The question in this certiorari appeal is whether the Court of Appeals erred as a matter of law in determining that the search and seizure of less than an ounce of marijuana on the defendant's person was not a lawful search incident to an arrest. Under the facts recited in the Court of Appeals' opinion, the policeman had probable cause to arrest Handspike when he recognized the two girls in the car as juveniles, saw the wine and cups, and was told by the defendant that he had given the girls some wine. Code Ann. 58-612. We hold that the officer had observed a crime being committed in his presence and had probable cause to arrest the defendant. He conducted his search incident to that arrest, and the marijuana was properly seized. Code Ann. 27-207; Mitchell v. State, 136 Ga. App. 658 (222 SE2d 160) (1975)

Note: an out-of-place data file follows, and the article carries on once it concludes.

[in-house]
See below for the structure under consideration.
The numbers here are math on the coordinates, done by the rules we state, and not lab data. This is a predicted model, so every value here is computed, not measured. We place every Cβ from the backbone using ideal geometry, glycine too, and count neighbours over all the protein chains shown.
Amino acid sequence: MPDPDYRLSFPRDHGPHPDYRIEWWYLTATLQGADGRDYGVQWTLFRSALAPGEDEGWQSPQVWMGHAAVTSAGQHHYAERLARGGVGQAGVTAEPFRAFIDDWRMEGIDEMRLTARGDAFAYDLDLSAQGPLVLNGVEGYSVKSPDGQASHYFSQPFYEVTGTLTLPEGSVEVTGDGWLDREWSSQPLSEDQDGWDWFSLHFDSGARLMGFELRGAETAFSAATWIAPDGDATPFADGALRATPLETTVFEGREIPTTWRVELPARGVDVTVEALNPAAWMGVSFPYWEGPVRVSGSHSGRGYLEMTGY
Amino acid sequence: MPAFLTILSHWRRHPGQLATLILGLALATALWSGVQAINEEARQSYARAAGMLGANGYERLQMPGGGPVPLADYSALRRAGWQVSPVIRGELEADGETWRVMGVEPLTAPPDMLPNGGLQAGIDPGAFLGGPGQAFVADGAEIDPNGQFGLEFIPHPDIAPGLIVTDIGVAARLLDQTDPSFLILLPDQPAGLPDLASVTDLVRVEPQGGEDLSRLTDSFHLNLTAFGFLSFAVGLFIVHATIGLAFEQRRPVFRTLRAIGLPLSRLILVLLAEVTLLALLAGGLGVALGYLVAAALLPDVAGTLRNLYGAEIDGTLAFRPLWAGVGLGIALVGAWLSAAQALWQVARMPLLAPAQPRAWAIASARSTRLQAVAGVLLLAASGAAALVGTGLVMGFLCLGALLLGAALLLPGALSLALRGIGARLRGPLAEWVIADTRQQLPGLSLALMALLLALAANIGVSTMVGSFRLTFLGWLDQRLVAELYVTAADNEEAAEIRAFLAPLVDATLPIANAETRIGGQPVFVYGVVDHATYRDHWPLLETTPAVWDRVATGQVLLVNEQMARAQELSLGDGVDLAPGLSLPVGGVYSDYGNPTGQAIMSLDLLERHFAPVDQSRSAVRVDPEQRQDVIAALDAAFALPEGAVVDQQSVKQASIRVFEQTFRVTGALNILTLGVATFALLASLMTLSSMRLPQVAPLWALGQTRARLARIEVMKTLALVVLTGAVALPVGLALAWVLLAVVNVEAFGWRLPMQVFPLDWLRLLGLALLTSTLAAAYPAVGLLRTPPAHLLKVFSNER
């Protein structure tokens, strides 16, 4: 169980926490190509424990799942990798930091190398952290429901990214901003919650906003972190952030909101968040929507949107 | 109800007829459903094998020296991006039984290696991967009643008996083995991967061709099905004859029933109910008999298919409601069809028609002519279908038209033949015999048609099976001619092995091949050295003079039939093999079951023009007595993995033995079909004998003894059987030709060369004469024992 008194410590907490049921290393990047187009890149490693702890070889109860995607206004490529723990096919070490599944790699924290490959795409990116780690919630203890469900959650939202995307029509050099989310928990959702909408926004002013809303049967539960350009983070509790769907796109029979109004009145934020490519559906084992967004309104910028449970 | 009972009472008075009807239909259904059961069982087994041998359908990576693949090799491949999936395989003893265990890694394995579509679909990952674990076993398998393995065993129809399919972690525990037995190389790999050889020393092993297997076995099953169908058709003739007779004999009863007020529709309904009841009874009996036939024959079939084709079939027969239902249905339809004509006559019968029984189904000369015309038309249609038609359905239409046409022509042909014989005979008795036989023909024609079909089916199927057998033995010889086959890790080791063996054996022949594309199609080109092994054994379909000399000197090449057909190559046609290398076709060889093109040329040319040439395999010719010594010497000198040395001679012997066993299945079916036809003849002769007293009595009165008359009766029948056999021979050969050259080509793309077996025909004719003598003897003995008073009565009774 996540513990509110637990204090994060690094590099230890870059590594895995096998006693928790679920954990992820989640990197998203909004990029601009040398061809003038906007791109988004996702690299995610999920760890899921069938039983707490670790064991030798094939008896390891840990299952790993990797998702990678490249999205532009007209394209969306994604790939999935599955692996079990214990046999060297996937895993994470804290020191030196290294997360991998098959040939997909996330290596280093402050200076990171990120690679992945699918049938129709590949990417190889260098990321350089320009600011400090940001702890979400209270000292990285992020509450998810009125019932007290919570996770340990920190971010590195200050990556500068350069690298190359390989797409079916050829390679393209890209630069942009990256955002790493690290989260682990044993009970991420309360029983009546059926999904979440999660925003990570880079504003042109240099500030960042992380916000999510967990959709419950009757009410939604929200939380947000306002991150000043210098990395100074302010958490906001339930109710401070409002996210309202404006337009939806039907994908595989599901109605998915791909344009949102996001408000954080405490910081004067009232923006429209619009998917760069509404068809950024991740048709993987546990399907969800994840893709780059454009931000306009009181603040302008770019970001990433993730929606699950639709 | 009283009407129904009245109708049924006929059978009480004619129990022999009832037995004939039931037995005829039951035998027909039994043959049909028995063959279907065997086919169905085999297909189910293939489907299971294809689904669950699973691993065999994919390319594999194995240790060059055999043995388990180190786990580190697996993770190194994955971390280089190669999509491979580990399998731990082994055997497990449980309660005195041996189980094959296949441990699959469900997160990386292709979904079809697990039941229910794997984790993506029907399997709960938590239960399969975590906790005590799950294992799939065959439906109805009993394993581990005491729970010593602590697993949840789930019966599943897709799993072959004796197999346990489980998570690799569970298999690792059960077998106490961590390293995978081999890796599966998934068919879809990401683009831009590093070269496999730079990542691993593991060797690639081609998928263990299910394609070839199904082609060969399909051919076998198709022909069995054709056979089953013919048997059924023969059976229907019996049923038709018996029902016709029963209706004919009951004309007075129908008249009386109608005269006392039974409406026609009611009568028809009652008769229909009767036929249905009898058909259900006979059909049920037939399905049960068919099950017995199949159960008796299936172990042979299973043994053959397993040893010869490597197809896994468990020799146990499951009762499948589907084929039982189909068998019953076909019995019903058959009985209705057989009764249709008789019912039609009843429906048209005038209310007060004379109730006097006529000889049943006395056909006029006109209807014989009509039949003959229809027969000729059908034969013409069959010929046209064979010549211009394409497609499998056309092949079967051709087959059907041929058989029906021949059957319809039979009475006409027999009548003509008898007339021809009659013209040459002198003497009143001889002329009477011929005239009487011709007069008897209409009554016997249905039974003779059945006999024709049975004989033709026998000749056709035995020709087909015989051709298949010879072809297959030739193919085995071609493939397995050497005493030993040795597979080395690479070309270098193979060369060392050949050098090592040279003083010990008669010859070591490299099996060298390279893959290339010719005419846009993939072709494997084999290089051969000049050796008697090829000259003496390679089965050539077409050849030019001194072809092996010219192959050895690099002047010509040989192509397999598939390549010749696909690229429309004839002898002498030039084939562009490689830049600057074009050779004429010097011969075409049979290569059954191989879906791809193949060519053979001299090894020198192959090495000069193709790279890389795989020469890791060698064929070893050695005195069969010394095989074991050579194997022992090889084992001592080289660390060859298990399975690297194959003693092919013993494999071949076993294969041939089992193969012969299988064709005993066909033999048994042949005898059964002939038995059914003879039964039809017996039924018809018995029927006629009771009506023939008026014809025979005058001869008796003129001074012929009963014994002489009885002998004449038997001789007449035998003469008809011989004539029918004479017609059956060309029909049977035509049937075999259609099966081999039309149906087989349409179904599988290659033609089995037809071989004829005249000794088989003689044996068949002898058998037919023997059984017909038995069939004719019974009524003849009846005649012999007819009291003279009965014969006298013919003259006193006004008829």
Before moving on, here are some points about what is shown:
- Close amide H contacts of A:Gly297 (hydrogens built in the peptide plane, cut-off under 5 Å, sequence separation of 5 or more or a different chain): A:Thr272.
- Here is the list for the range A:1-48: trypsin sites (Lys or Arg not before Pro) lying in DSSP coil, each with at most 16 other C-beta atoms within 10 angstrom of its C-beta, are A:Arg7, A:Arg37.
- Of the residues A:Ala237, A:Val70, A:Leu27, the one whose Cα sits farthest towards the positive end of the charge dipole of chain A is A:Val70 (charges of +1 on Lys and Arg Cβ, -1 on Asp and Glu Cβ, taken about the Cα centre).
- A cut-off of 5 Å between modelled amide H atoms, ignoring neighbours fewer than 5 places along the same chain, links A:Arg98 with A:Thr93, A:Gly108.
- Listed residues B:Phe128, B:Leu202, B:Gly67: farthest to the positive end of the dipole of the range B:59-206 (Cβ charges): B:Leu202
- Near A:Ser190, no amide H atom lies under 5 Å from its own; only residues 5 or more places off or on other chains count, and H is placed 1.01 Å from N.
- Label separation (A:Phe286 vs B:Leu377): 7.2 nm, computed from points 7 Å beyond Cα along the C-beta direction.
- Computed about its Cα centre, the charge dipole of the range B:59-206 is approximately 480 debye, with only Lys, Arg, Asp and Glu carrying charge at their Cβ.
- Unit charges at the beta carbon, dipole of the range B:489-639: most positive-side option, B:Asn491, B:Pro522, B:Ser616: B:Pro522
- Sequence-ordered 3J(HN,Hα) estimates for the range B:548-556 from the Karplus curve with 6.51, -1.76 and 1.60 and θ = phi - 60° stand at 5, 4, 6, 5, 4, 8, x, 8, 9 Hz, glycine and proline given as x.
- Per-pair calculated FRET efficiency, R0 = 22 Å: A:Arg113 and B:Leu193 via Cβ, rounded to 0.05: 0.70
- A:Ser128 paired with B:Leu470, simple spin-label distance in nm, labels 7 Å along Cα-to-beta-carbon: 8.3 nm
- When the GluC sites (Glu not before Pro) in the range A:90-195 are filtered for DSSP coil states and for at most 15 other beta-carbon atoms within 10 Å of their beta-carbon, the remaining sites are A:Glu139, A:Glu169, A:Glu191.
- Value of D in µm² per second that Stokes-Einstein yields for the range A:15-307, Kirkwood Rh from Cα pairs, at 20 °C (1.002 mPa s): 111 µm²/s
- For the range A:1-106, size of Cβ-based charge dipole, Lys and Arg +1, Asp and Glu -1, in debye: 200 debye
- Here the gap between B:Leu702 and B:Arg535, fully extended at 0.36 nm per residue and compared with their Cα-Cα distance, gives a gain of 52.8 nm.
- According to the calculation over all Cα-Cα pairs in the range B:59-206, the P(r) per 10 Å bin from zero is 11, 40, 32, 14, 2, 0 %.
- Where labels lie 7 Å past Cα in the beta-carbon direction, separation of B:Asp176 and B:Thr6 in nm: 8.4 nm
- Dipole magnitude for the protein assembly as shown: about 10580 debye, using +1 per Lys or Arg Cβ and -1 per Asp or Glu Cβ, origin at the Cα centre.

. We therefore reverse the Court of Appeals opinion in State v. Handspike, 142 Ga. App. 104 (235 SE2d 568) (1977)
HALL, Justice, dissenting.
I dissent from the grant of certiorari and the reversal of the judgments of the trial court and the Court of Appeals.
This is a routine search and seizure case and for this reason I find no reason for the grant of certiorari. If I had been a member of the Court of Appeals in this case, I would have voted with the dissenting judges of that court to reverse the ruling of the trial judge. However, as a member of the Supreme Court, I find no matter of great public concern or gravity and importance. Rule 36 (J) Rules of the Supreme Court of the State of Georgia, effective December 1, 1975. See my dissenting opinion in Atlanta Coca-Cola Bottling Co. v. Jones, 236 Ga. 448
, 451 (224 SE2d 25